Amplify: Edmond’s Black History Online Exhibit

The Edmond Historical Society and Museum presents a new online exhibit called Edmond’s African American History: Land Run to Integration. 
The topic of African Americans in Edmond is often questioned, mostly because of its absence. From the 1920s until the 1970s, no African Americans lived in Edmond. The influence of the Jim Crow laws, the Ku Klux Klan, and even Oklahoma City Public Schools integration affected Edmond, which was promoted as “100% white” for many years.

Was Edmond a sundown town? It is likely, although no confirming photographs or ordinances have surfaced, other than memories.
And yet, African Americans are part of Edmond’s founding story. Several important families homesteaded on land near Edmond because of the 1889 Land Run, and a separate school for minorities was operated from 1892 to 1905. Afterward, it was not until 1954 that African American students returned to Edmond, when six women enrolled at Central State College (now University of Central Oklahoma). By the 1970s, African Americans slowly began to move into Edmond’s city limits.
Edmond’s African American History is a culmination of research used for a museum exhibit in 2017, now expanded and available to everyone.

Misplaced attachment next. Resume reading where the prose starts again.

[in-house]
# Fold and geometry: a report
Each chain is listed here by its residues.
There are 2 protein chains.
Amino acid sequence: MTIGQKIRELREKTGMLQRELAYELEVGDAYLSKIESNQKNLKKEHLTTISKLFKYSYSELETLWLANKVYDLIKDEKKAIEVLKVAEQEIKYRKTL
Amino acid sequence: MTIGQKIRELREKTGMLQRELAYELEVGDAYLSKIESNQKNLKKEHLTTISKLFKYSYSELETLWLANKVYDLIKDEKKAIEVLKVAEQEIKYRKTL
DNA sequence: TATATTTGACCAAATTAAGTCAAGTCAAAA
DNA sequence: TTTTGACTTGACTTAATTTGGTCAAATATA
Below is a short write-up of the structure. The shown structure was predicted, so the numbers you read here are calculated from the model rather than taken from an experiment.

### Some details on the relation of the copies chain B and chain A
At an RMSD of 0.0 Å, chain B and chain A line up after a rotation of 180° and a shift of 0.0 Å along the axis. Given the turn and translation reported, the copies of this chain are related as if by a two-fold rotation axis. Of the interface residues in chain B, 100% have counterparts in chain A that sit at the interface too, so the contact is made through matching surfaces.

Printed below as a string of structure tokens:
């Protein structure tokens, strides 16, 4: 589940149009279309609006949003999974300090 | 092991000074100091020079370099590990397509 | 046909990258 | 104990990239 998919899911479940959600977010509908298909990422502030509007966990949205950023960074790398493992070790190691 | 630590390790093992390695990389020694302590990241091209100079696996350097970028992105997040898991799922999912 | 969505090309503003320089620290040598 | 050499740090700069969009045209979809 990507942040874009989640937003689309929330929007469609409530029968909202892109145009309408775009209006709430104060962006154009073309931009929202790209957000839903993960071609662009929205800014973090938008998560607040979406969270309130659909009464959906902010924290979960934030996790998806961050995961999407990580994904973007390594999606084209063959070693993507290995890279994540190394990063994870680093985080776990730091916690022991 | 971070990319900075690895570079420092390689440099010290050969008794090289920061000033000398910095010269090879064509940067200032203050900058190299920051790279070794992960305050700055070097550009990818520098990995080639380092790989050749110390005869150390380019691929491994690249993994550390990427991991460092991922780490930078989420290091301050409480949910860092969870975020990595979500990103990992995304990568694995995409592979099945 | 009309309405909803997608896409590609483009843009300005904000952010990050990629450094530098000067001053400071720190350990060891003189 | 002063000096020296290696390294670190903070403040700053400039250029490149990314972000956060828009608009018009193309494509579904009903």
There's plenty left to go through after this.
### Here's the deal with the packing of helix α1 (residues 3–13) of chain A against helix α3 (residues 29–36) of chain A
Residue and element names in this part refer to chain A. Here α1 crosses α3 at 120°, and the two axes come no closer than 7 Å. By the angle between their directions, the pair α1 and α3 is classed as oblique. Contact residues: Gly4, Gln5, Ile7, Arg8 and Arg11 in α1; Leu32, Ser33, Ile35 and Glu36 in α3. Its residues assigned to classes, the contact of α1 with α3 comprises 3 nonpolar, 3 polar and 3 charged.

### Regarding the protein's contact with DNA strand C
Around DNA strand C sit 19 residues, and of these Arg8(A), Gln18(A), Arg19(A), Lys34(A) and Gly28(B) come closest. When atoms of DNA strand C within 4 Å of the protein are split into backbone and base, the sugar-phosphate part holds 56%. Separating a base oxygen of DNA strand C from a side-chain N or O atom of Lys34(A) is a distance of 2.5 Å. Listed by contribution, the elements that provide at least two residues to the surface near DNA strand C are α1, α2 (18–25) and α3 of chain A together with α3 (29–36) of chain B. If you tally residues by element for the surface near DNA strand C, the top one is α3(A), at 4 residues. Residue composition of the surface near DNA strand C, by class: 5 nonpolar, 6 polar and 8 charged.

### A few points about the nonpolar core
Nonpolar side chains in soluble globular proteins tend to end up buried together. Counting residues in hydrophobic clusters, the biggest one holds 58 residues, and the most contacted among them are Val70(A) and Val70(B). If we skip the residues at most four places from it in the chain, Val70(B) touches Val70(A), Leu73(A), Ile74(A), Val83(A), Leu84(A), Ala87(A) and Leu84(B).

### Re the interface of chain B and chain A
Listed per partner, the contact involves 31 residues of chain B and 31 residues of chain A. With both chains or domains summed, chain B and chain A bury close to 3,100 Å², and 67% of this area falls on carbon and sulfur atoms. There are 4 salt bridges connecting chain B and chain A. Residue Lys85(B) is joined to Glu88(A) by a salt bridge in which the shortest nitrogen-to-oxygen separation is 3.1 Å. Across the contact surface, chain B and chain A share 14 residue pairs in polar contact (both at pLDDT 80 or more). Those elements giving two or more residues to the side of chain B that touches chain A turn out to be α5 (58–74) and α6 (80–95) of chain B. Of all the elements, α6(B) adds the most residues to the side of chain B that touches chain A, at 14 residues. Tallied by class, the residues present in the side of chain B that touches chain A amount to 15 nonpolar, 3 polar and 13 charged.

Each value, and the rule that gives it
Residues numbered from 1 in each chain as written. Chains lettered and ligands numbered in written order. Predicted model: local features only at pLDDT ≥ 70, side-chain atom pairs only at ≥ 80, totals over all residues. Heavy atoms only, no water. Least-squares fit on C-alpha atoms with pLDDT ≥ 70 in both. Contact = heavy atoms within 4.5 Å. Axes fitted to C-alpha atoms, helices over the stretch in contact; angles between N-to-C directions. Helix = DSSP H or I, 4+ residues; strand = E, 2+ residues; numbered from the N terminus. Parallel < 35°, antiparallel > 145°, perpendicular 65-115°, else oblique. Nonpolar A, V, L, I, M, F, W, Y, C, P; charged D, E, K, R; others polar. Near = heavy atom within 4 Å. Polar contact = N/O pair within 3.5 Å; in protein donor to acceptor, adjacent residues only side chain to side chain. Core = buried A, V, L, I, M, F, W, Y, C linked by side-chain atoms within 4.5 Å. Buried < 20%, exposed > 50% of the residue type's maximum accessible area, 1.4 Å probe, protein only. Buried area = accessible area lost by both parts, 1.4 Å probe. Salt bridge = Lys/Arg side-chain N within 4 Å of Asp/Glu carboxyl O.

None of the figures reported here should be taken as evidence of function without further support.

Topics addressed in this exhibit include: Edmond’s Early African American Community, Separate Schools, Jim Crow Laws, Was Edmond a Sundown Town?, Promotion of Edmond as 100% White, The Ku Klux Klan in Edmond, School Integration, White Flight Fuels the Growth of Edmond, Integrating Edmond, and the End of An All-White Edmond.

Museum Information: Edmond Historical Society & Museum hours are 10:00-5:00 Tuesday – Friday and Saturday 1:00-4:00. Please visit the museum website at

Amy Stephens
Executive Director
Edmond Historical Society & Museum
431 S. Boulevard St., Edmond, OK  73034
405-340-0078 Ext 103

Leave a comment

About Author /

Start typing and press Enter to search